“The soul, fortunately, has an interpreter – often an unconscious but still a faithful interpreter – in the eye.” ― Charlotte Brontë, Jane Eyre
June 2021 is Cataract Awareness Month. One of the main symptoms is blurry vision, and having cataracts is like looking through a murky window.
Over a period of time, cataracts get worse and start to interfere with the vision. Critical skills like driving, reading, working, hobbies and sports are affected due to loss of vision and therefore affecting the overall quality of life. If cataracts are untreated, the eye disease will eventually cause total blindness. Our eyes are Intricate and complex, and they take in and process light and communicate information to the brain through electronic impulses. Several diseases and conditions – viral, bacterial, and genetic – affect the eyes and their ability to function properly. Any sign of unusual eye symptoms should prompt a visit with an eye care professional. Therefore, it is imperative that we know cataract symptoms and we take care of our eyes so that we can continue living a healthy and active lifestyle.
- Clouded, blurred, or dim vision.
- Increasing difficulty with vision at night.
- Sensitivity to light and glare.
- Need for brighter light for reading and other activities.
- Seeing “halos” around lights.
- Frequent changes in eyeglass or contact lens prescription.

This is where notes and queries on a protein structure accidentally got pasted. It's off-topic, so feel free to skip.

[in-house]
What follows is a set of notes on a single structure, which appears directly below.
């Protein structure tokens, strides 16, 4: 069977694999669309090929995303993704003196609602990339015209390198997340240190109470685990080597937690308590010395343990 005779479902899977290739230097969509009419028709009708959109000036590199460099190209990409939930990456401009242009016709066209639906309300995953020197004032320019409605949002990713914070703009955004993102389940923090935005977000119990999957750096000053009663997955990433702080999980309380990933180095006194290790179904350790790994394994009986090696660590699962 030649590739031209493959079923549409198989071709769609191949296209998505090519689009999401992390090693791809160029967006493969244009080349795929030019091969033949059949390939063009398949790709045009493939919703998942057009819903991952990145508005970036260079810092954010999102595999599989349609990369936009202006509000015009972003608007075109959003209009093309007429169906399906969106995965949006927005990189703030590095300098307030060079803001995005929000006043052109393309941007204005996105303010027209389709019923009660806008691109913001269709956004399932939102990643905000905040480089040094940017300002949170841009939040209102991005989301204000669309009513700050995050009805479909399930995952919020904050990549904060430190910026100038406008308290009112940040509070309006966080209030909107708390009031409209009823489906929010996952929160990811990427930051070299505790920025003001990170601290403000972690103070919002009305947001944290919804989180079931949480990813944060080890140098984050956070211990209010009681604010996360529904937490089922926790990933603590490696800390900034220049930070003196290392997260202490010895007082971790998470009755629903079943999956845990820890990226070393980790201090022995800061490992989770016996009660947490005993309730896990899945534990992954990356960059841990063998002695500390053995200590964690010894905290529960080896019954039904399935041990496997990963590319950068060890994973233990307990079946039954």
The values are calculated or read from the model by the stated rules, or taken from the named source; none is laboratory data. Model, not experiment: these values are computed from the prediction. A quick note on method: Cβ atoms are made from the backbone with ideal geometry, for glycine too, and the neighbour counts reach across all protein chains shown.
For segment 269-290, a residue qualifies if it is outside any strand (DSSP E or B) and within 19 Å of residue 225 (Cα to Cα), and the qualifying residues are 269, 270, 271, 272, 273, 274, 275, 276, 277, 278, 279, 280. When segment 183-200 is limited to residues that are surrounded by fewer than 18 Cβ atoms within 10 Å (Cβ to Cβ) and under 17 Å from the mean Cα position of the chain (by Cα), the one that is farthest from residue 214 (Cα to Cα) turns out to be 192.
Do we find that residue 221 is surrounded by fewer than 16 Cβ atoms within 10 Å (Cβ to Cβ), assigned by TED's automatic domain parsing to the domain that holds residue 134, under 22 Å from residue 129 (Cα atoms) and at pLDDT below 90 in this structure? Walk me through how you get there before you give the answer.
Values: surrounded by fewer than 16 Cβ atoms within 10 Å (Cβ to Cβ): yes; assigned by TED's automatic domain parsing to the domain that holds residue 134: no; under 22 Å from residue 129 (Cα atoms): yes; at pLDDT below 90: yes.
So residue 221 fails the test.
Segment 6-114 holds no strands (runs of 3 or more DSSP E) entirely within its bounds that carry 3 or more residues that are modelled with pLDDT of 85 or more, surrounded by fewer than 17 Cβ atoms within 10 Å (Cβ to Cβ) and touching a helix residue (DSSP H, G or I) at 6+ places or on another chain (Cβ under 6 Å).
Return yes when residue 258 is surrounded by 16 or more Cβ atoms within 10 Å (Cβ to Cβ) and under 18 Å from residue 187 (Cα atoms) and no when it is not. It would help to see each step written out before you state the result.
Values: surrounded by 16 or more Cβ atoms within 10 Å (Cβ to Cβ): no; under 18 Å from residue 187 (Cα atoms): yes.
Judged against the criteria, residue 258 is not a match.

- Fading or yellowing of colors.
As your eyes get older, the lens of your eye may become cloudy. By age 80, nearly half of individuals develop some lens clouding, referred to as cataracts. Cataracts can also form through genetic disorders or other medical conditions. Symptoms include blurred vision, changes in colored vision, poor night vision, or double vision. The early symptoms of cataracts can be reduced by changes in lenses or lighting conditions. In later stages, surgical removal of the cataract may be warranted.
Glaucoma does not refer to damage to the eyeball itself, but rather to the optic nerve that carries visual information to the brain. Changes in eye pressure may constrict the nerve, causing glaucoma. Medicated eye drops are a common treatment, but surgery may be necessary in severe cases.
If you experience any vision change, visit an eye care provider immediately. An eye exam is essential to monitoring eye health, preserving your vision for life.
Dry eye syndrome is caused by a chronic lack of sufficient lubrication and moisture on the surface of the eye. Consequences of dry eyes range from subtle but constant eye irritation to significant inflammation and even scarring of the front surface of the eye.
In addition to being called dry eye syndrome, dry eye disease, or simply “dry eye,” alternative medical terms used to describe dry eyes include:
Generally used to describe dryness and inflammation of the cornea.
Keratoconjunctivitis sicca. Used to describe a dry eye that affects both the cornea and the conjunctiva.
Dysfunctional tear syndrome.
Used to emphasize that inadequate quality of tears can be just as important as inadequate quantity. Dry eyes can become red and irritated, causing a feeling of scratchiness.
Contact our office immediately if you are experiencing cataracts symptoms.